November 15, 2003 9:40 AM PST

Linux leaders offer education discounts

Red Hat and SuSE Linux, the top two sellers of the open-source operating system, are launching new discounts to attract students and educational institutions, a strategically important customer set for technology companies.

Raleigh, N.C.-based Red Hat, the top seller of the open-source operating system, will sell students its Red Hat Academic Desktop product for $25 and sell schools its Red Hat Academic Server product for $50, including online software updates but no telephone support. The products will be offered first in the United States, but will be available internationally by the end of the year, said John Young, vice president of marketing.


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No. 2 SuSE on Wednesday began offering schools, students, universities and nonprofit customers a discount of more than 40 percent through two sales partners, CCV Software and Ricis.

An irony in discount plans is that analysts ascribe much of Linux's popularity in the education market to the fact that it can be obtained for free. The products from Red Hat and SuSE have been getting more expensive as the companies try to catch up with the support and quality control of the commercial software realm to attract more customers.

Technology companies covet the education market because today's students are tomorrow's employees, executives, purchasing agents, computer scientists and technicians. Linux has made inroads in the market in part because its open-source nature makes it a popular tool for research, experiments and tinkering, and in part because it's available for free for those who are willing to provide their own technical support.

Educational institutions are crucial in developing and testing open-source software, "and we want to keep a tight linkage with that," Young said. "Open source is very fertile for education and training and research projects. There's nothing hidden about it, so building better mousetraps isn't a matter of finding out what's in the black box."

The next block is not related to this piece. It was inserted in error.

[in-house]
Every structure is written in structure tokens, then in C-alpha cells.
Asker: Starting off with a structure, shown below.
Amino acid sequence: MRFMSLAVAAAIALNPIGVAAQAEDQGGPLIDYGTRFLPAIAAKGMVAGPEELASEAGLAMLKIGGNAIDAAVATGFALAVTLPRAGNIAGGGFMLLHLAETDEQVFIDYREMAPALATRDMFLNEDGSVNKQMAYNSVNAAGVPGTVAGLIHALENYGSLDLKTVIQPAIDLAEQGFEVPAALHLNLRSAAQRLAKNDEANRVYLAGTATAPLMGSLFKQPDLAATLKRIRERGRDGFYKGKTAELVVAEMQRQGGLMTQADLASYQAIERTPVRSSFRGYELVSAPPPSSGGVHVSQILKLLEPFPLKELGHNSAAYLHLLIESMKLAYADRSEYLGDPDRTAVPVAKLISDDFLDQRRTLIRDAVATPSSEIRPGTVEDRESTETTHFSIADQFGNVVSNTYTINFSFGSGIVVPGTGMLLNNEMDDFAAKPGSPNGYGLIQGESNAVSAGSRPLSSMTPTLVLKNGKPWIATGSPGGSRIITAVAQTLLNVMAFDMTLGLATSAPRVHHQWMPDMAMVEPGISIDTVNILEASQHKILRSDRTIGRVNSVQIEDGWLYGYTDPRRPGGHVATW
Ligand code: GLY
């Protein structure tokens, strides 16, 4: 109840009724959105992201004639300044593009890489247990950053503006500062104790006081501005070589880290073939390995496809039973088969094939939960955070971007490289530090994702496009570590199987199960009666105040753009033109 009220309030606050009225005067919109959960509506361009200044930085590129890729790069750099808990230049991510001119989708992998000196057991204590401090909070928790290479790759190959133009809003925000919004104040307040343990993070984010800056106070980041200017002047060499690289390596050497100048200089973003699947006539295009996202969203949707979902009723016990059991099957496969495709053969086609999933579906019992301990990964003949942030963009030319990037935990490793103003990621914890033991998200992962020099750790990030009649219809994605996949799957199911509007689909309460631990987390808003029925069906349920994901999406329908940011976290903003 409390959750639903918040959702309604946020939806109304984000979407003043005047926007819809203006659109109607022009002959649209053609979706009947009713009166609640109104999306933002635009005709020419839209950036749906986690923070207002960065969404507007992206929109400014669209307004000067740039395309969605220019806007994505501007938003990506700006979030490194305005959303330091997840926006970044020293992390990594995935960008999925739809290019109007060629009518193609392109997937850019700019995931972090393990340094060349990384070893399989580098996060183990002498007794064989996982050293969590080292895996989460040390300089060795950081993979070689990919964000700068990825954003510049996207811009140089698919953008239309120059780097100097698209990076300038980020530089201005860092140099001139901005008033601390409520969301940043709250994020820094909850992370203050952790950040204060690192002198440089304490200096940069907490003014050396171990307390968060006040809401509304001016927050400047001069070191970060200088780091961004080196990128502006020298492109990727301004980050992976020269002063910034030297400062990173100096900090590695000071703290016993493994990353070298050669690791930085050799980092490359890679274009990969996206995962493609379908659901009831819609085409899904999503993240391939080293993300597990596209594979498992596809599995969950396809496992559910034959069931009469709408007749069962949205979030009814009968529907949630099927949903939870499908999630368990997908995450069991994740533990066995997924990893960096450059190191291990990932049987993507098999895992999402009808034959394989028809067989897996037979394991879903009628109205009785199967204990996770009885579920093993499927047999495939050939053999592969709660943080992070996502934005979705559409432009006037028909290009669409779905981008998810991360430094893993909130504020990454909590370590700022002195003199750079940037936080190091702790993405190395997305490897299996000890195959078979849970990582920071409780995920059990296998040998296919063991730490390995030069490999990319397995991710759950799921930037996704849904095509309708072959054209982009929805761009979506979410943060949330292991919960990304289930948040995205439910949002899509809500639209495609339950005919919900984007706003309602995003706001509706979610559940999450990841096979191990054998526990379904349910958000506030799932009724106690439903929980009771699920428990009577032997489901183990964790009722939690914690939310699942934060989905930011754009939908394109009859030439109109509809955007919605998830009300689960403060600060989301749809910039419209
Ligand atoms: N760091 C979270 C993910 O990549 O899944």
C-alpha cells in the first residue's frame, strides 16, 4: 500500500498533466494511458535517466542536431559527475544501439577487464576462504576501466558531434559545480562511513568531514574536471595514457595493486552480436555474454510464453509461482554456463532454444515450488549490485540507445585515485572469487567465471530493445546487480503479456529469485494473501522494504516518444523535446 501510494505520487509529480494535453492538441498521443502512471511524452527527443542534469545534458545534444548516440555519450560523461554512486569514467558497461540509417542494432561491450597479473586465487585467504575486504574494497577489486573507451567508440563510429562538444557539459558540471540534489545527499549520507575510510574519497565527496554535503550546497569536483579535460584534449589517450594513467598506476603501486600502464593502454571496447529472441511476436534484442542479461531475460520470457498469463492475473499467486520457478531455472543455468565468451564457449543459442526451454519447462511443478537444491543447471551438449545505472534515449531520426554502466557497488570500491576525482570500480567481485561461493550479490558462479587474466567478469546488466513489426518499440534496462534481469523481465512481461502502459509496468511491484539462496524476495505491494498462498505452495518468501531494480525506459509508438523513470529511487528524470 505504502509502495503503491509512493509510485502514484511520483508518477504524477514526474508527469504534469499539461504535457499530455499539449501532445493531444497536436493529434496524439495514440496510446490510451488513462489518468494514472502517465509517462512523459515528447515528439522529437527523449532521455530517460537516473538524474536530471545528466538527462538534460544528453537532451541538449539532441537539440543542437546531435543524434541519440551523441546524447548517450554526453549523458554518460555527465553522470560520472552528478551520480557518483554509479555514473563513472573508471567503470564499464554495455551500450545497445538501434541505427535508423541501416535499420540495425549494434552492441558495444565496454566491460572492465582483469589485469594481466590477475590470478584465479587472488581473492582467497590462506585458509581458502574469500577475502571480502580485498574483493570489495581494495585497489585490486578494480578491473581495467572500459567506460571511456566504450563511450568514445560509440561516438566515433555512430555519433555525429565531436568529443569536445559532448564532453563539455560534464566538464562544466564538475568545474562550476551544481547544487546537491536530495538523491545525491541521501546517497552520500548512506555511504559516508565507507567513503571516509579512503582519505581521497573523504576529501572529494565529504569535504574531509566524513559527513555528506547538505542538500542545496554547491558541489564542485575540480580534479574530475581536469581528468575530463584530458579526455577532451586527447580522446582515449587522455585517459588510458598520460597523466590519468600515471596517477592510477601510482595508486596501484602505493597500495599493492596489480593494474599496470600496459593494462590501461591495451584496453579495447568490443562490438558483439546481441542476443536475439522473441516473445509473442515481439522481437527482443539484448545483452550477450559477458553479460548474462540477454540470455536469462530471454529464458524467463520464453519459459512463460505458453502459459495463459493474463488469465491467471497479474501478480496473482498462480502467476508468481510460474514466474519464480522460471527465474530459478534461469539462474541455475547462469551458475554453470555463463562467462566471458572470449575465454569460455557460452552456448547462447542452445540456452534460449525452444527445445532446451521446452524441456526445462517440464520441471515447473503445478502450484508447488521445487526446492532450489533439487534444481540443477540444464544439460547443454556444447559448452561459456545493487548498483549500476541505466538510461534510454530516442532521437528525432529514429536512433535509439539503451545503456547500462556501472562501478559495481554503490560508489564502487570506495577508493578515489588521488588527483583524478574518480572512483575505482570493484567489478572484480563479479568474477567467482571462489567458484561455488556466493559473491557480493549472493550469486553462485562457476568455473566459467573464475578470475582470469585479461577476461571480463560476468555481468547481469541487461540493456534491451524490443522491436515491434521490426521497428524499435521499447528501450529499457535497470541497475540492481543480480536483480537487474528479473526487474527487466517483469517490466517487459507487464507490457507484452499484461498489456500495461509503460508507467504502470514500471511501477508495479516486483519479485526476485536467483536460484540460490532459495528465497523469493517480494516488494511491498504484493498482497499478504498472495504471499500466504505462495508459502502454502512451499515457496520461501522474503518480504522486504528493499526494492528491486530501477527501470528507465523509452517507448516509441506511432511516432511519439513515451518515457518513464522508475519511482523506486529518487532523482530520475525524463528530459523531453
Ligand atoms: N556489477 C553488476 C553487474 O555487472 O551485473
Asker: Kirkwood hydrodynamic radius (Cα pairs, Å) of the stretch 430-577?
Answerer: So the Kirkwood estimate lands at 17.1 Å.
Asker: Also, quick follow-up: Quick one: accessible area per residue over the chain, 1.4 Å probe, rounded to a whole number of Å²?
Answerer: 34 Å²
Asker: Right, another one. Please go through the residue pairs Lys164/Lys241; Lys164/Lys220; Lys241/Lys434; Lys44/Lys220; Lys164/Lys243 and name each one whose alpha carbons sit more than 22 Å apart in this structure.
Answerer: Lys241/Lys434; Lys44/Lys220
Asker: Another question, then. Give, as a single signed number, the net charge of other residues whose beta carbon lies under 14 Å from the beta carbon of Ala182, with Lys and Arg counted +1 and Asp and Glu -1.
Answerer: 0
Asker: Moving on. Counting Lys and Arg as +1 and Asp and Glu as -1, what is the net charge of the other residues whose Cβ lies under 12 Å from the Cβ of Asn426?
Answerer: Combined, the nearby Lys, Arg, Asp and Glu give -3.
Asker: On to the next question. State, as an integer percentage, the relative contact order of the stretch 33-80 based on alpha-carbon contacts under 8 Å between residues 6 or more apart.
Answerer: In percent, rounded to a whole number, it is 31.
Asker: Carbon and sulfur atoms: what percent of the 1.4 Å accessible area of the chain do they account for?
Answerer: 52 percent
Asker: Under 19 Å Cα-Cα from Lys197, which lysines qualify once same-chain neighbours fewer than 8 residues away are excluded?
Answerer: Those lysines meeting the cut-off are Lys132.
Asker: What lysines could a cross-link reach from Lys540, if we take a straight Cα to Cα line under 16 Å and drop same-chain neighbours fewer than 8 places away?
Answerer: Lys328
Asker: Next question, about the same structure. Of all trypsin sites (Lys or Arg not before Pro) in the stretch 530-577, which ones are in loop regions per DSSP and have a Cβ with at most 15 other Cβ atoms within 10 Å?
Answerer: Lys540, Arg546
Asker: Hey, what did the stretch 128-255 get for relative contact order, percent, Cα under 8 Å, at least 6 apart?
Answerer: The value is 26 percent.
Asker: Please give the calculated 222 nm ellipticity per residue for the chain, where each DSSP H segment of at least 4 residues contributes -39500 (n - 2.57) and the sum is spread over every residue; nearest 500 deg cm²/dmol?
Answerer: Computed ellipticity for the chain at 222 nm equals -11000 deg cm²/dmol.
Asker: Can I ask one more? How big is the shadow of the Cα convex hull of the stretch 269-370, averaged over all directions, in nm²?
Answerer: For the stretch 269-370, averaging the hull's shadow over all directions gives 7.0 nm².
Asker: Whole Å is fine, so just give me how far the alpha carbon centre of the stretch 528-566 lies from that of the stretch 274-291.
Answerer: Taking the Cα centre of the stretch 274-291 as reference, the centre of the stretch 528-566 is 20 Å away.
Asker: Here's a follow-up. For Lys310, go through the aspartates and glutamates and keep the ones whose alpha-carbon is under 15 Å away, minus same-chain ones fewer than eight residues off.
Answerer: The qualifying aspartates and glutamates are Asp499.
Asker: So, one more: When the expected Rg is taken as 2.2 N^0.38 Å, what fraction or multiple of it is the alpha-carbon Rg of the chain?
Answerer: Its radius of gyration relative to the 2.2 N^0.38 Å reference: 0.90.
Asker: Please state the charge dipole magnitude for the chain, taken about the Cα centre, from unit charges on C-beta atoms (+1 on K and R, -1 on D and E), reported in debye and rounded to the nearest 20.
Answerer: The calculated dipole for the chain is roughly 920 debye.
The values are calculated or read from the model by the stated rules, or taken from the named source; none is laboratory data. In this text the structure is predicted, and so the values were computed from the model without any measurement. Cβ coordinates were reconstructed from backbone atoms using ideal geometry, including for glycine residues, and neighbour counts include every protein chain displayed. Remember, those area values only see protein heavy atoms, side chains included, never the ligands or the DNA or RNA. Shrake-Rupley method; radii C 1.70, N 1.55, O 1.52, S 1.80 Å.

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Strategic considerations aside, schools also are a sizable market, with computer spending of $9.5 billion expected in 2006.

Apple Computer has long been disproportionately powerful in education compared with its overall market presence, but Microsoft and its allies such as Dell and Hewlett-Packard have been making inroads.

Red Hat's trouble in the education market began when it split its Red Hat Linux product, which was intended for corporate use but could be downloaded for free, into two lines: Fedora Core, a free and fast-moving system for enthusiasts designed to mature raw technology as fast as possible, and Red Hat Enterprise Linux, a slow-changing product for commercial users who want a stable product and years of support.

"Red Hat Linux doesn't meet the needs of everybody, and it is compromised by trying to meet the needs of everybody," Young said. Red Hat's aggressive RHEL push has pushed the company into profitability.

But some in the education market have balked at the choice of inadequate support with Fedora versus the high price of RHEL, which can't be obtained for free or installed on multiple computers once purchased. It costs $2,499 per year for a server with four Intel Xeon processors with round-the-clock technical support; a dual-processor server with more limited phone support costs $799 per year.

Red Hat's new education products, which are based on the RHEL line, provide a middle ground for customers in academia. "Their budgets are small and their needs for support are different from any of our other customers," Young said.

Red Hat Chief Executive Matthew Szulik has made impassioned exhortations to look at the educational environment not as market opportunity to be exploited but as a place where corporate investments will produce future technology and economic growth.

Red Hat Academic Desktop will be based on the RHEL WS product, while Red Hat Academic Server will be based on RHEL ES, he said. Unlike ES, the academic server product will work on systems with as many as eight processors and will be available for use on servers based on Intel's Itanium and Advanced Micro Devices' Opteron.

Schools buying in bulk will get additional discounts through a site license approach. For $2,500, a school can let as many students as they want use the desktop software, and the school itself can set up a satellite branch of the Red Hat Network to supply its students with software updates, Young said.

Red Hat also will offer a site license for administrative use of the desktop software and for servers, but the company hasn't yet settled prices for those options, Young said. And Red Hat will offer more expensive but still discounted options for schools that want Red Hat technical support.

Novell, a server software seller whose star faded after losing the market to Microsoft, announced a plan earlier this month to acquire SuSE for $210 million by January.

 

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